In the opinion of João Badari, Social Security Law specialist and partner at Aith, Badari e Luchin AdvogadosThis last change in the text was positive, for example, for women who do not work to have time to look after the home and children. “It was important that she should not be left with a pension that is less than the minimum wage, otherwise she will not be able to afford to feed herself. It’s a matter of subsistence. In most cases, the widow doesn’t have a formal job because it was her husband or children who paid the bills in the house,” she says.
However, on the other hand, the rule can also be bad for the accounts of the National Institute of Social Security (INSS). “It’s a step that contributes to many people working on informality, with the collection falling,” he reflects.
According to Carrara, the issue of the guarantee of receiving the minimum wage is a point of the reform that should result in increased judicialization by the insured. “The rights are withdrawn and generate anger with taxpayers who, as a last alternative, help the judiciary to defend themselves,” he says.
Accumulation of benefits
Another change in retirement that has to do with the death pension is the accumulation of benefits. Currently, there is no limit foreseen.
According to the approved text of the reform, if the pensioner is also entitled to retirement, the benefit of lower value will suffer a cut. The cut will be proportional and will occur in a staggered manner, by income bracket. The insured will receive only 100% of the highest benefit to which he is entitled, plus only a percentage of the others. The percentage is 80% for benefits up to one minimum wage; 60% for between one and two salaries; 40% between two and three; 20% between three and four; and 10% for benefits above four minimum wages.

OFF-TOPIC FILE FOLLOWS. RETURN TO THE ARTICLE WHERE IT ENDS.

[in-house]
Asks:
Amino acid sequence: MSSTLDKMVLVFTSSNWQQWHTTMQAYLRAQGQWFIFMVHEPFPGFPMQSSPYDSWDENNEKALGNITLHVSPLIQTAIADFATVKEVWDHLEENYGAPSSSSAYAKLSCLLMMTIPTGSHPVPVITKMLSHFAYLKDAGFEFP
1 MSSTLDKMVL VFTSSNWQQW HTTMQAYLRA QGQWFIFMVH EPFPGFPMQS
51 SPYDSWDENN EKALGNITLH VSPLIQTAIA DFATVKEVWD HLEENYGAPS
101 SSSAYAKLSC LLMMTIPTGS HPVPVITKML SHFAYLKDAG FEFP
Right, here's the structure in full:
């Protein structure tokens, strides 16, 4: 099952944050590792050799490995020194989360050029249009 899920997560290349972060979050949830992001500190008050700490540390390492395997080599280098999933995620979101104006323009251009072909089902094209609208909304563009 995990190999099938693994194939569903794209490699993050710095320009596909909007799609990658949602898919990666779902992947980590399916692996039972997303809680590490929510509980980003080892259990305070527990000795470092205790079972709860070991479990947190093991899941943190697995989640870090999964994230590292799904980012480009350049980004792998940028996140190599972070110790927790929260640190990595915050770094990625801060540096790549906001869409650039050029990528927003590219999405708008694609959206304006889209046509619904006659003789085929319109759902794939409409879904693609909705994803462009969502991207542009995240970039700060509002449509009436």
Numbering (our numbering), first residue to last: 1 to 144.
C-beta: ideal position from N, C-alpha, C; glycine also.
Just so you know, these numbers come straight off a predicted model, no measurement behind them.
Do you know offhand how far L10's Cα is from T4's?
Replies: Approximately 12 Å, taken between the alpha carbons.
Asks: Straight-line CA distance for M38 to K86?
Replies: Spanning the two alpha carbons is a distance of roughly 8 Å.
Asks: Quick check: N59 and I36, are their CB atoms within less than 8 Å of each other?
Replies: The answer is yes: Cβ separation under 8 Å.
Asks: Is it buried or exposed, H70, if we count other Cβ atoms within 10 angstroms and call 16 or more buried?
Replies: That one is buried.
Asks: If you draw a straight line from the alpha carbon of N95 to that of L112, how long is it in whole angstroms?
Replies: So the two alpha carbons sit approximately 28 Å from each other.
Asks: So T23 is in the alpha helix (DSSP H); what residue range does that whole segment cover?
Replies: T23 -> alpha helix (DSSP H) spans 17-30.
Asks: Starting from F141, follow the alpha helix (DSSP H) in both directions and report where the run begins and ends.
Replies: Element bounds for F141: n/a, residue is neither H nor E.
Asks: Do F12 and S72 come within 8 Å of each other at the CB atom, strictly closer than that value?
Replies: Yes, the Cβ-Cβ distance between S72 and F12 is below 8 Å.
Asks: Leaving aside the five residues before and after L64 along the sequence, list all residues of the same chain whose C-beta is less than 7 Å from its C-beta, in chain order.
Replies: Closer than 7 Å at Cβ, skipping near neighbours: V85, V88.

“This change should mainly affect women, who are often in the majority among pensioners,” he says. Marcelise Azevedo, social security law specialist and partner at Mauro Menezes & Advogados.
For her, the new rule may lead to a higher flattening of the beneficiaries’ income. “Today it is allowed the accumulation of different types of schemes, such as pension and retirement. If a woman with a pension of R$2,000 became the widow of her husband who received R$2,500, she would be entitled to R$4,500. With the change, from the perspective of the pension, she would be entitled to 50% of her husband’s retirement, if she didn’t have children, that is, R$1,250,” she exemplifies.
Still according to Marcelise, in this situation, the value of the benefit would be even lower because the woman already receives retirement.
Badari points out that the reform needs to be completed, but it must be for everyone. “Brazil needs an adequacy in the rules that already have more than 20 years. But the reform must cut privileges and not minimum social rights as we are seeing in the pension for death. If you’re going to retire, let it be for everyone, not just for the poor and political interests,” he says.